Wednesday, December 16, 2009
I don't do that sort of thing on a regular basis. My family is still young enough that nights out entail babysitting, children being sniffle, ache, and cough free at any given time, and lots of preparation and planning. They'd better be worth all the effort, anxiety, and bother.
This one was. We went to a restaurant, got a cheap meal and a refillable drink and dove into John Paul II's Letter to the Families. We got as far as section 8. As this is something it would never occur to me to read on my own, I'm glad it was suggested as the first of our studies.
Being a recovering Protestant, I'd naturally tend to a Bible Study. Being a recovering feminist, I might even suggest forming a book club. Having the kind of friends I do, we're reading an important Church document. (What a gal, by the way. She is the "meekest, mildest, easiest to get along with" woman I know.)
I knew right away she was onto something, especially as we got to one section that seemed prophetic in its keen analysis and further predictions of the disintegration of our culture and the normalcy of family. We stopped to catch our breath and reflect on the dismal prospects for the future of Christian life in the West. We stopped again with knowing smiles at the genius of John Paul II and the guidance of the Holy Spirit when the very next section was entitled "Prayer" An unspoken question had been answered, "What now?"
It is too dense a document to give my impressions in one simple, introductory blog post. Indeed this is merely our first of many sessions with this work.
I'll simply leave you with this thought. While the U.N. was declaring the Year of the Family, it was funding the forced abortions and the One Child Policy of China and funding the forced sterilizations in Peru and other Latin American countries. The Church was not only trying to expose such human degradation (it never dwelt on the U.N.'s rank hypocrisy) to the world, but also was preparing the married faithful by educating them, bolstering them with charitable resources, and calling them to greater prayer and sanctity through the vocation of married life with its Year of the Family. Time will tell who managed to do a better job.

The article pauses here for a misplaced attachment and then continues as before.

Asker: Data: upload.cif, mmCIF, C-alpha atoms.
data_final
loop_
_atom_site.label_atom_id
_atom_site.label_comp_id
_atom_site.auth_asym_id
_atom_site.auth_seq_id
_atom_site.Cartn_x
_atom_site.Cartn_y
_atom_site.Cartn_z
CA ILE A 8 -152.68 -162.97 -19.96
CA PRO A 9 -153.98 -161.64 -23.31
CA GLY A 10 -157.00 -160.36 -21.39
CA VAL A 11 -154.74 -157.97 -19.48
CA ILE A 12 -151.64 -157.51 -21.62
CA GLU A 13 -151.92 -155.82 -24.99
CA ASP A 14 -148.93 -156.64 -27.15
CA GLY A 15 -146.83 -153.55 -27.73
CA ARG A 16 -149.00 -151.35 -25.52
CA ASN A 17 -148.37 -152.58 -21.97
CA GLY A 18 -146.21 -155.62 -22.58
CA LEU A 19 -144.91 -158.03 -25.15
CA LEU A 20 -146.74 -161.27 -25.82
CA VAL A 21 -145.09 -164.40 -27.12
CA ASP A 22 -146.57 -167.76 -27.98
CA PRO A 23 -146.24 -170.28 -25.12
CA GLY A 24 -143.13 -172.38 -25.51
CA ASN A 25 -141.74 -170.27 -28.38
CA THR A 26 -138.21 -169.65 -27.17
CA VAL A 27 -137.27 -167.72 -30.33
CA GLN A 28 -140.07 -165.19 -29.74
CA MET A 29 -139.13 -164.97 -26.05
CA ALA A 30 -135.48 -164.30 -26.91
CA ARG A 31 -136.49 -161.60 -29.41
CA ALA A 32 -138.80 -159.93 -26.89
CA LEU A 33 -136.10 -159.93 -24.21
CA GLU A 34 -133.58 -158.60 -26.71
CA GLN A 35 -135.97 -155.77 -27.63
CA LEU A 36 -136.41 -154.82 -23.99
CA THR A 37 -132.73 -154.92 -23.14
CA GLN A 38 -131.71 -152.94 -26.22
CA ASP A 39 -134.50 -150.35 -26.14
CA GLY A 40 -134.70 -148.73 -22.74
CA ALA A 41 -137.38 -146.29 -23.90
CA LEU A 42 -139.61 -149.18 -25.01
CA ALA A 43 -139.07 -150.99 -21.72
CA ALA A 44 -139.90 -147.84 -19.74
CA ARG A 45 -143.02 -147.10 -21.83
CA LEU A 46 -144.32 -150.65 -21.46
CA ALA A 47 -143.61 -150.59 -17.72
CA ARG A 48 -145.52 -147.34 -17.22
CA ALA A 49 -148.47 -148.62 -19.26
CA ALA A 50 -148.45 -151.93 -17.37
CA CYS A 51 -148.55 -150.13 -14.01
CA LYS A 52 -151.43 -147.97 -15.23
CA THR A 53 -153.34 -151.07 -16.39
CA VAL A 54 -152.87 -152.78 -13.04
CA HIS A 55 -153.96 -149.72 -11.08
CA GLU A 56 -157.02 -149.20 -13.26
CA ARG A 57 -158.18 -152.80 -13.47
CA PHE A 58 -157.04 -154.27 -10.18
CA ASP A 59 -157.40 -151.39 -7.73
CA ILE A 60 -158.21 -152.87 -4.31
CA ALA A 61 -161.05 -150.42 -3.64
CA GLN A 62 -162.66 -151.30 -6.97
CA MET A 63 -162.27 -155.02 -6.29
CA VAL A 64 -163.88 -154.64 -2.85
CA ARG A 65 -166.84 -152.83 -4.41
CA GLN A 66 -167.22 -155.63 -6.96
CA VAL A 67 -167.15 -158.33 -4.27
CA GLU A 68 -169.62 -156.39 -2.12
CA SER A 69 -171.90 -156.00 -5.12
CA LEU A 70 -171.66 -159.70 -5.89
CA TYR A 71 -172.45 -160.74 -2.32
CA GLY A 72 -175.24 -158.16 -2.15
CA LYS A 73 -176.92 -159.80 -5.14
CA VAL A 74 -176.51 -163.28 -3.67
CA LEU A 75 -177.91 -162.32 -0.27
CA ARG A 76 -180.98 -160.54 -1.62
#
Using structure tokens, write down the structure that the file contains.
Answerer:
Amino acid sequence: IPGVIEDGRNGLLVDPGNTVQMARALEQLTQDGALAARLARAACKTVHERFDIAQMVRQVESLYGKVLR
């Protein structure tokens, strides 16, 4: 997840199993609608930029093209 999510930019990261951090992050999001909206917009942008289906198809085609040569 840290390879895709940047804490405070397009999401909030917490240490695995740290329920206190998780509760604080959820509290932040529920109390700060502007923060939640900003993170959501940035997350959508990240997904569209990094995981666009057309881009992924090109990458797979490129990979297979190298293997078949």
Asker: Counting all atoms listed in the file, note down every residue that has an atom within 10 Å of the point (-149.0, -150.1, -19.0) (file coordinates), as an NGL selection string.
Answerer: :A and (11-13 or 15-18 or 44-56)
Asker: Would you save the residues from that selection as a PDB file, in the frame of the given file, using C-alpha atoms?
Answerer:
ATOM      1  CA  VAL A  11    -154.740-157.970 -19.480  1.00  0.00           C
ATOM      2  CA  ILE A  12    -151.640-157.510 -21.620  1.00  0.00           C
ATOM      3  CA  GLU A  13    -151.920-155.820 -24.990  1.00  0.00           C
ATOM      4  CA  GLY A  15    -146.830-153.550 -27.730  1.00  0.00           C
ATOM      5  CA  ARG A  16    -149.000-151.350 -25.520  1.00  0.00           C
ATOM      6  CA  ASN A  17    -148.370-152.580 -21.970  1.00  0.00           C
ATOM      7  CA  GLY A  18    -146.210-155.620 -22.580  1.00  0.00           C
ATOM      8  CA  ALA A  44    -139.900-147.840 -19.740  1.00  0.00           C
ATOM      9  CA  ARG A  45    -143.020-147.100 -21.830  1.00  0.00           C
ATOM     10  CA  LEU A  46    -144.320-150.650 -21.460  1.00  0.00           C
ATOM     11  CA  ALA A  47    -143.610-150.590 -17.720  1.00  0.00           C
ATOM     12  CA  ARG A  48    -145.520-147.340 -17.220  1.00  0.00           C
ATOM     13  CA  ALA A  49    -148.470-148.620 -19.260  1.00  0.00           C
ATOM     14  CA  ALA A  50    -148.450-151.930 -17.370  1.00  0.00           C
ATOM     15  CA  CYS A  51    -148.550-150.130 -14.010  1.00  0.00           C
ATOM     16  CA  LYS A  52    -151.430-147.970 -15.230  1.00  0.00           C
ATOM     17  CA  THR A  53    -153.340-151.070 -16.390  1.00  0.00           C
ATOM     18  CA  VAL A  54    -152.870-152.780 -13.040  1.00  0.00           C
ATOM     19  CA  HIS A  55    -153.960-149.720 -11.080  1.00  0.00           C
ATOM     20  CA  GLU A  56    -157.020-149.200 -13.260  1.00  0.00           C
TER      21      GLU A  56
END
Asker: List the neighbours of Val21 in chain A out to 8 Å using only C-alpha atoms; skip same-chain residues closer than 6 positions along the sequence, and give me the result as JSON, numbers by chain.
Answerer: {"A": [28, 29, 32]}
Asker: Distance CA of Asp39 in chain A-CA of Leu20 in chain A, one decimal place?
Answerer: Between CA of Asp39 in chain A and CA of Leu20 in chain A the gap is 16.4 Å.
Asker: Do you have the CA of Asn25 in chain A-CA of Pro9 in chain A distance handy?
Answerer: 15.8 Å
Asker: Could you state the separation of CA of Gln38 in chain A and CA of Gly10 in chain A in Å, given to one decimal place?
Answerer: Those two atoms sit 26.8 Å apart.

I'd place my money on the Church, though I'm not a betting kind of gal.
Wednesday, December 9, 2009
The theme of marital low points is a difficult one. How do you approach it honestly, without whining, and without betraying that splendid gift of God who is your spouse?
The very first thing to bear in mind is that your spouse is God's. God expects you to love, honor and cherish him because (1) you promised to and (2) that's His child you are dealing with and you know how parents like their children to be treated, right? As much slack as you are expecting from God to forgive, improve, and patiently deal with your character weaknesses and quirks, you had better be willing to extend to your husband, or else! "Forgive us our trespasses as we forgive those who trespass against us," right?
Yeah, right. I know. I know. But do it anyway.
The very next thing you need to bear in mind is that all those wonderful, beautiful and long-lived marriages you see around you? They've been where you are now: exactly in this pit of fear, despair, anger, resentment, and thinking the unthinkable at some point and they got over it. Let me repeat that for emphasis: they got over it. If you don't believe me, just ask them. Ask! Sure it looks easy...from the outside.
So now that we have so much stuff to bear in mind and I've stayed happily in the "2nd person" point of view: all that you, you, youing, it's time to get personal. How did I deal with my marital low point?